• 48. Split flap • This flap is hinged at the lower part of the wing trailing edge. • When lowered, the wing top surface is unchanged, thus eliminating the airflow break-away like what occurring over the top of the plain flap when lowering FLIGHT CONTROL SURFACES [Auxiliary Group]
  • 49. Zap Flap • Similar to the split flap except that the flap hinge travels rearward when lowered • Increases wing effective area as well as its camber without changing the shape of the top surface • Like the split flap there is little risk of flow separation on top of the wing FLIGHT CONTROL SURFACES [Auxiliary Group]
  • 50. Fowler Flap • The fowler is similar to the split flap but, when in use, it is moved rearwards and downwards on tracks. • This action will increase the wing camber and also the wing area to give additional lift. FLIGHT CONTROL SURFACES [Auxiliary Group]
  • 51. Slotted Flap • A gap or slot formed between the flap and the wing structure • Air will flow from the wing lower surface, through the gap and over the top of the flap • This airflow will maintain lift by speeding up as it passes through the slot and remaining in contact with the flat top surface, even at large flap angles • Without the slot the upper surface airflow would break away FLIGHT CONTROL SURFACES [Auxiliary Group]
  • 52. Slotted Flap FLIGHT CONTROL SURFACES [Auxiliary Group]
  • 53. Slotted Fowler Flap • A Fowler flap with slot • Multi-slotted on improved design • Increase camber and area • The breakaway of the airflow from the flap upper surface can be delayed until even greater angles of flap depression by providing two or more slots FLIGHT CONTROL SURFACES [Auxiliary Group]
  • 54. Slotted Fowler Flap FLIGHT CONTROL SURFACES [Auxiliary Group]
  • 55. Leading edge flap • Referred as Krueger’s Flap • To increase lift at low speed • Increase camber  increase lift • Leading and trailing edge flaps are normally coupled to operate together • May be lowered automatically when the aircraft’s speed falls to near the stalling speed FLIGHT CONTROL SURFACES [Auxiliary Group]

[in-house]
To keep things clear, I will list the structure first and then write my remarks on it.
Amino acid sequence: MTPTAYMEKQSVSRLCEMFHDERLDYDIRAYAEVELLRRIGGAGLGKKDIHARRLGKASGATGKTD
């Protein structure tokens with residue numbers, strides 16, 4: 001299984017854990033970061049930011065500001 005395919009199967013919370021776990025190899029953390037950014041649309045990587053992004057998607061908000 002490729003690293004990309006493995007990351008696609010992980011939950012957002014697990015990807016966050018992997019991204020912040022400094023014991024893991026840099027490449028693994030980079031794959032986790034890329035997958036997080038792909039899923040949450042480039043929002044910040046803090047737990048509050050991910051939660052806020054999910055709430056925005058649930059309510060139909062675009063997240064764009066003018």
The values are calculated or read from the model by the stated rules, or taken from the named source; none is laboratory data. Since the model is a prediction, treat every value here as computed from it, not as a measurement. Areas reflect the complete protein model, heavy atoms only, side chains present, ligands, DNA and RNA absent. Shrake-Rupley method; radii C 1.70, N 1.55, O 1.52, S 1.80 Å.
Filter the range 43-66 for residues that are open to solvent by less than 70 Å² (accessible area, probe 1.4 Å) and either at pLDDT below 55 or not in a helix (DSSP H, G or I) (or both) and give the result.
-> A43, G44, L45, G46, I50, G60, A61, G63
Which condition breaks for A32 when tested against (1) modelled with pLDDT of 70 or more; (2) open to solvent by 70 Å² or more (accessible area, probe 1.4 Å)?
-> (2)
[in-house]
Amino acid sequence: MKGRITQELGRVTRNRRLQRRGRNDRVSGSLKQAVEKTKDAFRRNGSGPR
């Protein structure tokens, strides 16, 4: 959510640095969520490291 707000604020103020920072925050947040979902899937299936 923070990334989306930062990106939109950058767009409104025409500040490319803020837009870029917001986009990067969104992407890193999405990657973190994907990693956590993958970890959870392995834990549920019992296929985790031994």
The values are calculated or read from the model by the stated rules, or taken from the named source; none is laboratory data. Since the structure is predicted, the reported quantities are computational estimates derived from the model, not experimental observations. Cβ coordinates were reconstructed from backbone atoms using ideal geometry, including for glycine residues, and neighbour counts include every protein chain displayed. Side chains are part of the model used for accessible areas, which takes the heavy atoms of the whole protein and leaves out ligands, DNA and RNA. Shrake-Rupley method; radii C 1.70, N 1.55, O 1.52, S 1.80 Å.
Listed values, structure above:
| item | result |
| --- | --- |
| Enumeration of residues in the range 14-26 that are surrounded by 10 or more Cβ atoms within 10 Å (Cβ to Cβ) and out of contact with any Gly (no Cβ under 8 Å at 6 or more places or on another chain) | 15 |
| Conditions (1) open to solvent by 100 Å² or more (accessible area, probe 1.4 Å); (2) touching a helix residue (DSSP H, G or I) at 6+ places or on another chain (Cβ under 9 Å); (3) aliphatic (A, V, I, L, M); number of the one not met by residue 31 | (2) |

• 56. Slats • For low speed operation other than take-off or landing • A small, highly-cambered airfoils fitted to the wing leading edges • May be fixed open, or controlled to operate alone or jointly with the flaps • Some aircraft have slats which open automatically when the wing angle of attack exceeds a predetermined value FLIGHT CONTROL SURFACES [Auxiliary Group]
  • 57. Slats FLIGHT CONTROL SURFACES [Auxiliary Group]
  • 58. Slot • Is a series of suitably shaped apertures built into the wing structure near the wing tips • It increase the stalling angle by guiding and accelerating air from below the wing and discharging it over the upper surface in the normal way FLIGHT CONTROL SURFACES [Auxiliary Group]
  • 59. Airbrakes/Speed brakes • Movable panels forming part of the contour of the wings or fuselage • Deflected into the airflow by hydraulic actuators to give a rapid reduction in speed when is required. • Used to control speed during descent and landing approach • Installed on the strongest airframe structure able to accept the braking loads and also where the braking drag does not effect the aircraft stability FLIGHT CONTROL SURFACES [Auxiliary Group]
  • 60. Spoilers • Are plates fitted to the upper surface of the wing and usually deflected upward by hydraulic actuators • The purpose is to disturb the smooth airflow across the top of the wing, thereby increasing drag and decreased lift on that aircraft FLIGHT CONTROL SURFACES [Auxiliary Group]
  • 61. DUAL PURPOSE CONTROLS  The design of some aircraft makes it impossible to mount the conventional aileron, elevator and rudder control surfaces in their normal positions.  An example of this is a delta wing type aircraft.  This has no separate tailplane, and the elevators have to be mounted on the wing trailing edges.  This presents a space problem because the wings already house the ailerons and flaps.  The solution in this case is to use one set of control surfaces to perform the function of both. DUAL PURPOSE CONTROLS
  • 62. DUAL PURPOSE CONTROLS DUAL PURPOSE CONTROLS
  • 63. Elevons o Use to perform the function of both elevators and ailerons o The surfaces are moved in the same direction to serve as elevators and in opposite directions to DUAL PURPOSE CONTROLS
  • 64. Ruddervators o Prevent hot exhaust gases from the turbo-jet engine playing on the tail unit surfaces, and for other design considerations, some light aircraft have tailplanes with very pronounced dihedral angles o ‘V’ tailplane with its hinged aft control surfaces provides DUAL PURPOSE CONTROLS
  • 65. Tailerons o On some high speed aircraft it is often necessary to have flaps which occupy the entire trailing edges of the wings, leaving no space for the ailerons. o Controllable tailplane move separately. o Pitch  angling both sides either up, or down, together o Roll  angling one side up and, simultaneously, th e other side down DUAL PURPOSE CONTROLS